Here is one example. One day recently I celebrated Eucharist with a group of people at someone’s family farm. After morning prayer the next day, a community leader invited me to be seated in the center of the circle of people gathered. They’d all heard about the excommunication decree, he said, and found it ridiculous. But they figured it would help me to hear so from them. They surrounded me in the circle, touched me, and many prayed aloud about their gratitude that I had been ordained to serve them as priest. Two spoke of receiving joy and serenity from me. As tears flowed down every face I saw, I remembered that very morning, walking across a field and finding myself standing upon a large flat boulder, hidden among the stalks of waist high grain. The words “you are Peter, and upon this rock I will build my church” came to me and I realized it was the Feast of Sts. Peter and Paul. The words are for all of us. We are all the rock upon which Jesus builds – all of us baptized Christians, serving God and each other and our world to the best of our abilities. In this I place my hope!

See also the previous Wild Reed posts:
Roman Catholic Womenpriests Ordained in Minneapolis
Thoughts on Ordination, Intellectual Dishonesty, and the Holy Spirit of which the Prophet Joel Speaks
Could Christ Have Been a Woman?
Responding to Excommunication
The Discussion Continues
Revealing a Hidden History
Crisis? What Crisis?
Reflections on The Da Vinci Code Controversy
Thoughts on The Da Vinci Code
Mary of Magdala

Recommended Off-site Links:
Why Ordain Women? - The Australian Ordination of Catholic Women.
Roman Catholic Womenpriests
Women-Church Convergence
Women’s Ordination Conference
“Some Women Seeking Ordination Won’t Wait for Church’s OK” - National Catholic Reporter, January 27, 2006.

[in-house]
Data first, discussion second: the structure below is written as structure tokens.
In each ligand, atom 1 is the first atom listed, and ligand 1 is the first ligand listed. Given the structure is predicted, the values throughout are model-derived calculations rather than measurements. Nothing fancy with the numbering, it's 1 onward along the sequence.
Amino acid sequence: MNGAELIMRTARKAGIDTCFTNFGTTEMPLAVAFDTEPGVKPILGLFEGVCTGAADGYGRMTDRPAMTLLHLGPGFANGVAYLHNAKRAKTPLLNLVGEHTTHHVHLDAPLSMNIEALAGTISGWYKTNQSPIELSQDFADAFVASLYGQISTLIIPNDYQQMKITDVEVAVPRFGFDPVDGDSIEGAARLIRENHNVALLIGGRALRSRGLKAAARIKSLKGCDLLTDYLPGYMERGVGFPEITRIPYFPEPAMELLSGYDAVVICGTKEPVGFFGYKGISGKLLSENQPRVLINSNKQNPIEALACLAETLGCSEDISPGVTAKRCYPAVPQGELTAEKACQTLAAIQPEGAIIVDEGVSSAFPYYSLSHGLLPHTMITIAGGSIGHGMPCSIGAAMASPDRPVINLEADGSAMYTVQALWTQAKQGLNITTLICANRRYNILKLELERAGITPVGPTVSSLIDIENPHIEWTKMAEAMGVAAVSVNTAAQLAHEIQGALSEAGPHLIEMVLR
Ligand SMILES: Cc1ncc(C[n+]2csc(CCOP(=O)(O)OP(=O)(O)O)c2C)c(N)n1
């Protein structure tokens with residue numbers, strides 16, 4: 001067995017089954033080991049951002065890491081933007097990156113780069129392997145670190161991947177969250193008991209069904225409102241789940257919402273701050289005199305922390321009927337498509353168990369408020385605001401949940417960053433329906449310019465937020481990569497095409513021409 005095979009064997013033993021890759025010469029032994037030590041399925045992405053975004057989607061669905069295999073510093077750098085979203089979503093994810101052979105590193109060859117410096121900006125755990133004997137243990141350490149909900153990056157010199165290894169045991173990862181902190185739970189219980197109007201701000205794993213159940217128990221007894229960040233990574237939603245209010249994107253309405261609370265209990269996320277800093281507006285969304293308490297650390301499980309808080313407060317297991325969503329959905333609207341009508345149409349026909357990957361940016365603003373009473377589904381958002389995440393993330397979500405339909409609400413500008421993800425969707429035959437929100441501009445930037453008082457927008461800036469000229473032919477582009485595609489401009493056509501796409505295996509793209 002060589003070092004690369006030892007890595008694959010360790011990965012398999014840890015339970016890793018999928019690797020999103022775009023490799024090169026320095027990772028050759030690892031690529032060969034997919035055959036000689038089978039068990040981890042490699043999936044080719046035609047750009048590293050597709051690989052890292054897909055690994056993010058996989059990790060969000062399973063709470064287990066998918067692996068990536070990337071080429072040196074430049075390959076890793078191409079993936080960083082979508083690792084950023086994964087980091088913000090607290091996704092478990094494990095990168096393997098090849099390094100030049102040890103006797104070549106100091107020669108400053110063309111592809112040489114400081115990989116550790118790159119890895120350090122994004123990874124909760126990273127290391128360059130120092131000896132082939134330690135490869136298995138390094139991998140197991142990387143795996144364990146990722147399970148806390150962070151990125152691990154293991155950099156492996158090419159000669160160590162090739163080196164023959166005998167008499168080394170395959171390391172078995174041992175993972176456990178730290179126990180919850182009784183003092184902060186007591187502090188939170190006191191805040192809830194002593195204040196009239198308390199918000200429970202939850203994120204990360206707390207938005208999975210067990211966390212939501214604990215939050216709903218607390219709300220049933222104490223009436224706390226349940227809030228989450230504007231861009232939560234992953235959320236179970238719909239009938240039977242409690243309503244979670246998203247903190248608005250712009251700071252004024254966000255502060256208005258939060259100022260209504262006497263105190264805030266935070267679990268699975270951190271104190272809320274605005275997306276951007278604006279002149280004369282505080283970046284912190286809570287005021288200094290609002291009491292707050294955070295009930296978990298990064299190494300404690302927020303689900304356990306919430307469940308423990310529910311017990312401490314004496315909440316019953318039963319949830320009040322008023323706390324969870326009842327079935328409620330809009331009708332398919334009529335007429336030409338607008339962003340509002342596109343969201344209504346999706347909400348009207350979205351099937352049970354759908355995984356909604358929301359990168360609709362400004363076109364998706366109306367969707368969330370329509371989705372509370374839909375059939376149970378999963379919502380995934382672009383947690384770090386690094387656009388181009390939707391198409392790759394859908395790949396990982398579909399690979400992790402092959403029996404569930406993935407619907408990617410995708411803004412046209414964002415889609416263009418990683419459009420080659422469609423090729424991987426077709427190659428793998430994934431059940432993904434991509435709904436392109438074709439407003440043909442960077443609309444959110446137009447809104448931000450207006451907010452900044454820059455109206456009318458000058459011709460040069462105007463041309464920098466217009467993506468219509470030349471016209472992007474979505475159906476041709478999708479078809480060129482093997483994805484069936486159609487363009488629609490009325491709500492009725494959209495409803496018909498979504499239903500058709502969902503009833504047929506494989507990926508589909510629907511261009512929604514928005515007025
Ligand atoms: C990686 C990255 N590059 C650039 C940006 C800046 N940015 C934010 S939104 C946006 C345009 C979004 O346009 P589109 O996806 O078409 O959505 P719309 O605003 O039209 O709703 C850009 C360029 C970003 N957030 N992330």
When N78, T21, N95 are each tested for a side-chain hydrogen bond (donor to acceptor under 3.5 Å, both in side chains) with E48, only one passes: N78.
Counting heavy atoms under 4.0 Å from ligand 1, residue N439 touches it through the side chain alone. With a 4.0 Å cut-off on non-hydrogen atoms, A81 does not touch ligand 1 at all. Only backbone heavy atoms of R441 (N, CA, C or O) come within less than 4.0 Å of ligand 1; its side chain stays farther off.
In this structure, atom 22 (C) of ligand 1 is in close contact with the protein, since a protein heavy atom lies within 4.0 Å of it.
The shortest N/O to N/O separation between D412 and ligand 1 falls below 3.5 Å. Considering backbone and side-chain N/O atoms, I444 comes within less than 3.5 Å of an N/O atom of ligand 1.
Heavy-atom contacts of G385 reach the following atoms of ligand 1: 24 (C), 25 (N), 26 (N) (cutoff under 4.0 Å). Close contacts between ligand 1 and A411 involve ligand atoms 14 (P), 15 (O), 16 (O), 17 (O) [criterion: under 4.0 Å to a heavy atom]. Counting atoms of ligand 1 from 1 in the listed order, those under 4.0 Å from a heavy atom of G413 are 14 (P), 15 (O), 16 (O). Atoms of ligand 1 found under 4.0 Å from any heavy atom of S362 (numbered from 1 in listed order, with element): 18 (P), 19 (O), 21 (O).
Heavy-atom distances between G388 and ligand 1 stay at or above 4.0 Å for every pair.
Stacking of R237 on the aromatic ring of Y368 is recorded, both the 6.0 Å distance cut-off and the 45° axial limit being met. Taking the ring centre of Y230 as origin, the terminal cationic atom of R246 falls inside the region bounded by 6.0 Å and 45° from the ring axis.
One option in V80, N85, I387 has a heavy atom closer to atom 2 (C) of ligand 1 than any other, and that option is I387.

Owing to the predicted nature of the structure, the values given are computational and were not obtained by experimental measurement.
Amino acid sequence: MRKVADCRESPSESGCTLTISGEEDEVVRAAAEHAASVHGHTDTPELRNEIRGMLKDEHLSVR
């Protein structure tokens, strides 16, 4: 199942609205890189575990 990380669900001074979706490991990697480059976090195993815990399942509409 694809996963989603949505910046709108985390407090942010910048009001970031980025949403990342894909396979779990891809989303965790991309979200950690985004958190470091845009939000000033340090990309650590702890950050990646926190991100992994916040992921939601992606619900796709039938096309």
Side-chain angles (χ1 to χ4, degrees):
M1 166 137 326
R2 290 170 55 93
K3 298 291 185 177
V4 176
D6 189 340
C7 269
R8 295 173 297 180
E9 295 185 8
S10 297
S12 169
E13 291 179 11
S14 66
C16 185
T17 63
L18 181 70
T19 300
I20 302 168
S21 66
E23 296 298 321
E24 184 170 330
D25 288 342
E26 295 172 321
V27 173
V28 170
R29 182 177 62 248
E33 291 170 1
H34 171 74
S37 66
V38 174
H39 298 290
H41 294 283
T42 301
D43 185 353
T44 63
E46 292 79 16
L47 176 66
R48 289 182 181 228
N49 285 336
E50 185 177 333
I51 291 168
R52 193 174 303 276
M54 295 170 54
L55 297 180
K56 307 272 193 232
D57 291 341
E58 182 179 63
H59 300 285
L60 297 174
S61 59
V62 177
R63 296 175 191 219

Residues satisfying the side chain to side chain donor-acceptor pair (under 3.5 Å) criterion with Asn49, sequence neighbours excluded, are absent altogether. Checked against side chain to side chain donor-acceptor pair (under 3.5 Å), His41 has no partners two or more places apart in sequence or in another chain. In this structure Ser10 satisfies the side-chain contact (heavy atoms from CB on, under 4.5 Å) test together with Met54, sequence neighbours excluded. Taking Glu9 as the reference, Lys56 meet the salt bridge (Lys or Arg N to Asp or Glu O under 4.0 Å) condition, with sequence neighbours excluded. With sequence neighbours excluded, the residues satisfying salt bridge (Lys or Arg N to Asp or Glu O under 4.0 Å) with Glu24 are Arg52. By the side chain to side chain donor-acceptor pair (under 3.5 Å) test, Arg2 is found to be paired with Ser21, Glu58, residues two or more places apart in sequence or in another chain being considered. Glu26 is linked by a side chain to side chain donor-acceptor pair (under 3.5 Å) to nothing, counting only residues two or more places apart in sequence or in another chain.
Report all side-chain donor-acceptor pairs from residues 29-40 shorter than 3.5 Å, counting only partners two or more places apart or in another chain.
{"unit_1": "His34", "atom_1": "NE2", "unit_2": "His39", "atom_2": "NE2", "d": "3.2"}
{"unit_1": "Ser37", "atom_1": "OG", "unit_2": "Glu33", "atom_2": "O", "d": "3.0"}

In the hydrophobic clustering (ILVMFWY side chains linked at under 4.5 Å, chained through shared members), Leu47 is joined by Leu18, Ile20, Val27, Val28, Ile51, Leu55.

“The Defiant Deacon” - Minnesota Women’s Press, December 2005.

Recommended Blogs:
God is Not 3 Guys
Bridget Mary’s Blog


Anonymous said...

A couple comments:

First, echoing Gammaliel (sic?), if the admission of women to holy orders is God's will, then no person or institution can stop it. If the admission of women to holy orders is not God's will, then no person or institution can perpetuate it. So, we will see over time if this particular, unilateral change is in fact part of God's will for the Church.

Second, this statement "Pedophilia is a crime; covering up pedophilia is a crime; stealing from the church is a crime" bugs me. Not because its not true - it is absolutely true. And not because the leadership of the Church - and not just the male hierarchy - bears responsibility for these crimes. Just to be completely clear, the only ones lacking culpability are the victims of such heinous abuse.

But what bugs me is the implicit assertion that if only, if only, if only we had a Church that:

* admitted women to orders
* admitted the married to orders
* allowed any 2 people to marry
* left birth control, divorce & remarriage to the internal forum

et cetera, yadda, yadda

that pedophilia, covering up pedophilia and stealing would not occur or would occur less. I am sorry to that 10 minutes of searching Google will clearly illustrate these same problems in all the mainline Protestant denominations, none of which are marred by Roman intransigence.

In fact, sorry to say, in my diocese there have been 4 instances of theft-by-deception in amounts over $100K in the last 3 years. Of those 4:

* 2 perpetrators were priests
* 1 was a woman religious
* 1 was a laywomen

Another instance, at a local Lutheran church, was by a layman. None of these cases involved any sexual impropriety, or any issues with children, as far as the local newspaper reported those stores.

I'm no mental health professional, but I think the issue is gambling addiction, and the replacement of some addictions with other ones. That and an on-going lack of internal and external managerial and financial controls, but I digress.

My point is an "exclusive" church is not necessarily the cause of these problems. An "inclusive" church is not necessarily the remedy for those problems, either.

Anonymous said...


"these same problems in all the mainline Protestant"

should read:

"these same problems [occur] in all the mainline Protestant"


"as far as the local newspaper reported those stores."

should read:

as far as the local newspaper reported those [stories.]